District summer schools pack them in

The La Cañada Unified School District isn’t running a summer school program this year, but La Cañada students are still taking summer classes at LCUSD campuses, Paradise Canyon Elementary and La Cañada High School, thanks to the La Cañada Flintridge Educational Foundation and Assistance League of Flintridge.

La Cañada Unified eliminated its summer school program for high school students last July, a move that saves the district $87,405 annually. The Educational Foundation stepped up to provide a summer-school program to La Cañada residents, much like the Assistance League of Flintridge did 33 years ago.

The Assistance League’s summer school program, which offers 80 classes to about 700 students, began Monday. The Foundation’s first year of summer school began June 20 and 240 students currently are enrolled in the program, which offers 13 different core courses.

Jinny Dalbeck, one of three summer school chairman with the Foundation, said that number is higher than LCUSD’s summer school enrollment of about 210 last year.

“We honestly didn’t know what to expect; there are lots of competitors in the area,” Dalbeck said. “We had no idea what people will do. We were thrilled with the number of students we ended up with.”

Dalbeck said the Foundation knew how important summer school is to LCUSD students. It allows them to revisit a class they didn’t do well in, and to manage their busy schedules by taking courses early to free up space for electives.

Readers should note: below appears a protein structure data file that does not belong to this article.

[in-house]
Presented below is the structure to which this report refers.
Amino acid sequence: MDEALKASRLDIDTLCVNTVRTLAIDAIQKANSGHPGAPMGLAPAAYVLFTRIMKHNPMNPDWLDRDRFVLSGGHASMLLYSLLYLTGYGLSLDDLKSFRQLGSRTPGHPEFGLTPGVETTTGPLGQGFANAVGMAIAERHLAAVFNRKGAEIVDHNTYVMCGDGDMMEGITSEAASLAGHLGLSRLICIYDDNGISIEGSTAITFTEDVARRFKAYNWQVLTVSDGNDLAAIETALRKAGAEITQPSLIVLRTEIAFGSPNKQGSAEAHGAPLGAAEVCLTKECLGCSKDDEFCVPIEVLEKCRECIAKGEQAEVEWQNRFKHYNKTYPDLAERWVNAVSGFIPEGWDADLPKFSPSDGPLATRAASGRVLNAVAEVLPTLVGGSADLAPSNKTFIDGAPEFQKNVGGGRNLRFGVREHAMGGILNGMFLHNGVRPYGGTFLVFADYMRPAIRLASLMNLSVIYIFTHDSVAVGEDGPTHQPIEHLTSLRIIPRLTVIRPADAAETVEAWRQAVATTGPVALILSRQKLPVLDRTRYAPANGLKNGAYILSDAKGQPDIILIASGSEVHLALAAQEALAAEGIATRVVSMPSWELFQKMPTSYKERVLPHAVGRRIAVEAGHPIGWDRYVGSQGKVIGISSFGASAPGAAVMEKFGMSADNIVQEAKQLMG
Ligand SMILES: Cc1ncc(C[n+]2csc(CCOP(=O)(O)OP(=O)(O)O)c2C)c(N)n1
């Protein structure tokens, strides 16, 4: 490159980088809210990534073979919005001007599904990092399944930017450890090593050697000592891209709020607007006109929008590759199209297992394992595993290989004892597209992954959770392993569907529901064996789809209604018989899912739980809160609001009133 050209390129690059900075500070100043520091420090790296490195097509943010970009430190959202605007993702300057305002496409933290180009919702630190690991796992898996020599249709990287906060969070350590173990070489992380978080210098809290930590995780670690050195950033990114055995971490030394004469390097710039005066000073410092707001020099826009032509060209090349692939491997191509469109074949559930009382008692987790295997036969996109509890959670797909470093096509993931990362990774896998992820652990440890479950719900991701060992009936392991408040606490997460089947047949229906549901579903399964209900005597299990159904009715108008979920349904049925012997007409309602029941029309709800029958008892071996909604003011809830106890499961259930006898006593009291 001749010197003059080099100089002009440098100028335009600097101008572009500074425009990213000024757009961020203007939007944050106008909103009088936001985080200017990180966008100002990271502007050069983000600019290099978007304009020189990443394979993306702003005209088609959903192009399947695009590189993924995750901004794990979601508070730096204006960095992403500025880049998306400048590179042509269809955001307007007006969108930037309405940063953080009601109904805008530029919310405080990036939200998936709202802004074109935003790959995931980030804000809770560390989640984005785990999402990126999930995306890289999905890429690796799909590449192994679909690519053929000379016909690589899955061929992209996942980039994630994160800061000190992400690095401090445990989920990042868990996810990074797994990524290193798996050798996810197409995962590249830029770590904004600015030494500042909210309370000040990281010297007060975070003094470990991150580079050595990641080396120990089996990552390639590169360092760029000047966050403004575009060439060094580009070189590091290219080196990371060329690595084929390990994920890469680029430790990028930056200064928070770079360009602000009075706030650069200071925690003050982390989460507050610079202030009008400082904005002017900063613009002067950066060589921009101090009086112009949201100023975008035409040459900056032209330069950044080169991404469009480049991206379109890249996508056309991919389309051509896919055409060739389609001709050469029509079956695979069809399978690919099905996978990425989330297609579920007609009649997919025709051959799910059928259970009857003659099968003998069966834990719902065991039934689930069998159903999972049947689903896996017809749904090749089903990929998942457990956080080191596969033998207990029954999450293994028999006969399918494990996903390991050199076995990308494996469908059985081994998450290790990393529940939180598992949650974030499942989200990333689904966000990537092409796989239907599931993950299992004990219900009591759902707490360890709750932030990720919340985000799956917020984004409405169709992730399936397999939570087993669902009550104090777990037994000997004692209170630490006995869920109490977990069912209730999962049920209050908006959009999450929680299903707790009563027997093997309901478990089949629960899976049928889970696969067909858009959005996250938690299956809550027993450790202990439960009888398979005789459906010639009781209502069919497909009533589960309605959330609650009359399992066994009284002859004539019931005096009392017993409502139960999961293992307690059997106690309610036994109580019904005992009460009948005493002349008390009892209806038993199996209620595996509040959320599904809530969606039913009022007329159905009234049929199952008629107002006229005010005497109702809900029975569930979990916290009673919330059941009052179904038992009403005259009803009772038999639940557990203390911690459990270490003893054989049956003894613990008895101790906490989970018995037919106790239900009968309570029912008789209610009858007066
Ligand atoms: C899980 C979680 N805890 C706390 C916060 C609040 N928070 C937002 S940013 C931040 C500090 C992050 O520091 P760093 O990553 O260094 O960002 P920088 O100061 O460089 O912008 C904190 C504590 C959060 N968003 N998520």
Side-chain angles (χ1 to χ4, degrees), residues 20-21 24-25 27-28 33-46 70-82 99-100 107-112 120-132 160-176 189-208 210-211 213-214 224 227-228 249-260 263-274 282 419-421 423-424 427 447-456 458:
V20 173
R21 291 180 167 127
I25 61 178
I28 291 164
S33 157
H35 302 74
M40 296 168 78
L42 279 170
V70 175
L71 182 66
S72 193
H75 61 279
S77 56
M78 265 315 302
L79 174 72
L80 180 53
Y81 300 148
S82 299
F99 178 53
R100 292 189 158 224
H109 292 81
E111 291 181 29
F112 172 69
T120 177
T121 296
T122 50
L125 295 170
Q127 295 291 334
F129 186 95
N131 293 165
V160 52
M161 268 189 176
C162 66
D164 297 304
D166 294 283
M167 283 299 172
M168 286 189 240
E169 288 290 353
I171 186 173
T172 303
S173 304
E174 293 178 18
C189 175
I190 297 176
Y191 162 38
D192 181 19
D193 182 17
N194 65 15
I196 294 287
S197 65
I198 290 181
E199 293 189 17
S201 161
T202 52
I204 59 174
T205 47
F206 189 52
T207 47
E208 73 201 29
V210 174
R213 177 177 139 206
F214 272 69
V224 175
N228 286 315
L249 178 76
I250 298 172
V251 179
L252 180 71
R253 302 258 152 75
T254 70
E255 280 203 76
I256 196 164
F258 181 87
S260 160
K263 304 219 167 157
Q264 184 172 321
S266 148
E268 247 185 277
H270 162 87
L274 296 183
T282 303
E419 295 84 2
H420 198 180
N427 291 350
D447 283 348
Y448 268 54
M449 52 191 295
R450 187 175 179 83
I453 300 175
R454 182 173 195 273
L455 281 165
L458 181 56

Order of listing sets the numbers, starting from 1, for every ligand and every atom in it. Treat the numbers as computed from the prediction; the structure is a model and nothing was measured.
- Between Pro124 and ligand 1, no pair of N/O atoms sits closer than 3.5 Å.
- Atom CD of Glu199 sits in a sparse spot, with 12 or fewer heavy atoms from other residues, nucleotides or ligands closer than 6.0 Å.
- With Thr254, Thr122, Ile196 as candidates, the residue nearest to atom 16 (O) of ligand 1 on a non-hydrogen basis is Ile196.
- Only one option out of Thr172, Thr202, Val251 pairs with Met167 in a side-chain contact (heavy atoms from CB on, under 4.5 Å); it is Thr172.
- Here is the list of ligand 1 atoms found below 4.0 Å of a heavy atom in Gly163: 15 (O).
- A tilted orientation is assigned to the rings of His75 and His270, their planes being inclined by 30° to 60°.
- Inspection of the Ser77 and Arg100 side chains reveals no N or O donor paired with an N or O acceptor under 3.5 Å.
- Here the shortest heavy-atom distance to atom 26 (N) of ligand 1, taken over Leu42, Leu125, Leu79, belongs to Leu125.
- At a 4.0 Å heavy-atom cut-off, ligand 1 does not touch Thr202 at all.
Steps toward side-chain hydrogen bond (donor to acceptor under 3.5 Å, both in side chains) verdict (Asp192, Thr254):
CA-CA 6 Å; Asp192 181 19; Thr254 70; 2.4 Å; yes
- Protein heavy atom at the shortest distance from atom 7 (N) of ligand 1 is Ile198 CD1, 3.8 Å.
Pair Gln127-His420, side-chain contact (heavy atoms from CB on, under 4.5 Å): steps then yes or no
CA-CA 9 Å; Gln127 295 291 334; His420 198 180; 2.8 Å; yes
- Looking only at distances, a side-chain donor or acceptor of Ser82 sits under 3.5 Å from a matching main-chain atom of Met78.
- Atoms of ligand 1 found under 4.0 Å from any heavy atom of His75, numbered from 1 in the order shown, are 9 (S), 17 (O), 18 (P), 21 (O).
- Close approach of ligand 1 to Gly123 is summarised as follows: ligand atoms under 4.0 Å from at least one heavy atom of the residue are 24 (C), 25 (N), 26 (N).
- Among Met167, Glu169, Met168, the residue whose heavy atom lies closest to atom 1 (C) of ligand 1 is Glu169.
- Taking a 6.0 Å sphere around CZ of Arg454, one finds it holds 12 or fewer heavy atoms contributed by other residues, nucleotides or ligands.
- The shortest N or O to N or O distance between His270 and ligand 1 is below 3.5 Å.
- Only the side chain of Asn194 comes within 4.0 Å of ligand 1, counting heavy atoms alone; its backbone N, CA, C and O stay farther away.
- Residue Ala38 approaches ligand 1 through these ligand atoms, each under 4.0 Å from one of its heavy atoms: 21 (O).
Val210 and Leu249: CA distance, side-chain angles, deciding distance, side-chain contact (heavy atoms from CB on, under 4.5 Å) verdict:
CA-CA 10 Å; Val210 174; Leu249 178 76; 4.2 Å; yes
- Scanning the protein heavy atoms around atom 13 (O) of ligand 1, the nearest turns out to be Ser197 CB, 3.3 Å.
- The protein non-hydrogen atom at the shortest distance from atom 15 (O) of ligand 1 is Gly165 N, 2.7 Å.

“That’s how kids can be in programs like theater, band, choral and ceramics,” Dalbeck said. “Our students are high-achieving and they have heavy loads to carry, plus they all play sports.”

The Foundation’s summer school is designed to meet the same high standards as La Cañada High’s by following LCHS’ curriculum.

“One day in summer school equals a whole week during the year,” Dalbeck said. “It’s a tough, rigorous program and you’re putting in roughly the same hours you put in during the school year. We felt it was necessary for a teacher to be able to adequately get through the breadth and depth of the courses and for students to come out of the class feeling they’d mastered the subject.”

The Assistance League’s program, on the other hand, is more geared toward fun for first- through eighth-graders.

“This is not for credit, it’s for fun and enrichment,” said Christy Palmer, a summer school chairman with the Assistance League. “We do offer some math and writing, if they need to brush up on those, but it’s definitely for fun.”

Coordinating the summer school program, hiring teachers and deciding on the classes is a “huge task,” but it’s worth it, Palmer said.

“I think, especially with 700 kids enrolled, it’s really valuable to the community,” Palmer said. “All of our programs at ALF are designed to help the kids. We keep the prices as low as we can — $150 a class. It’s a great deal and a great program.”

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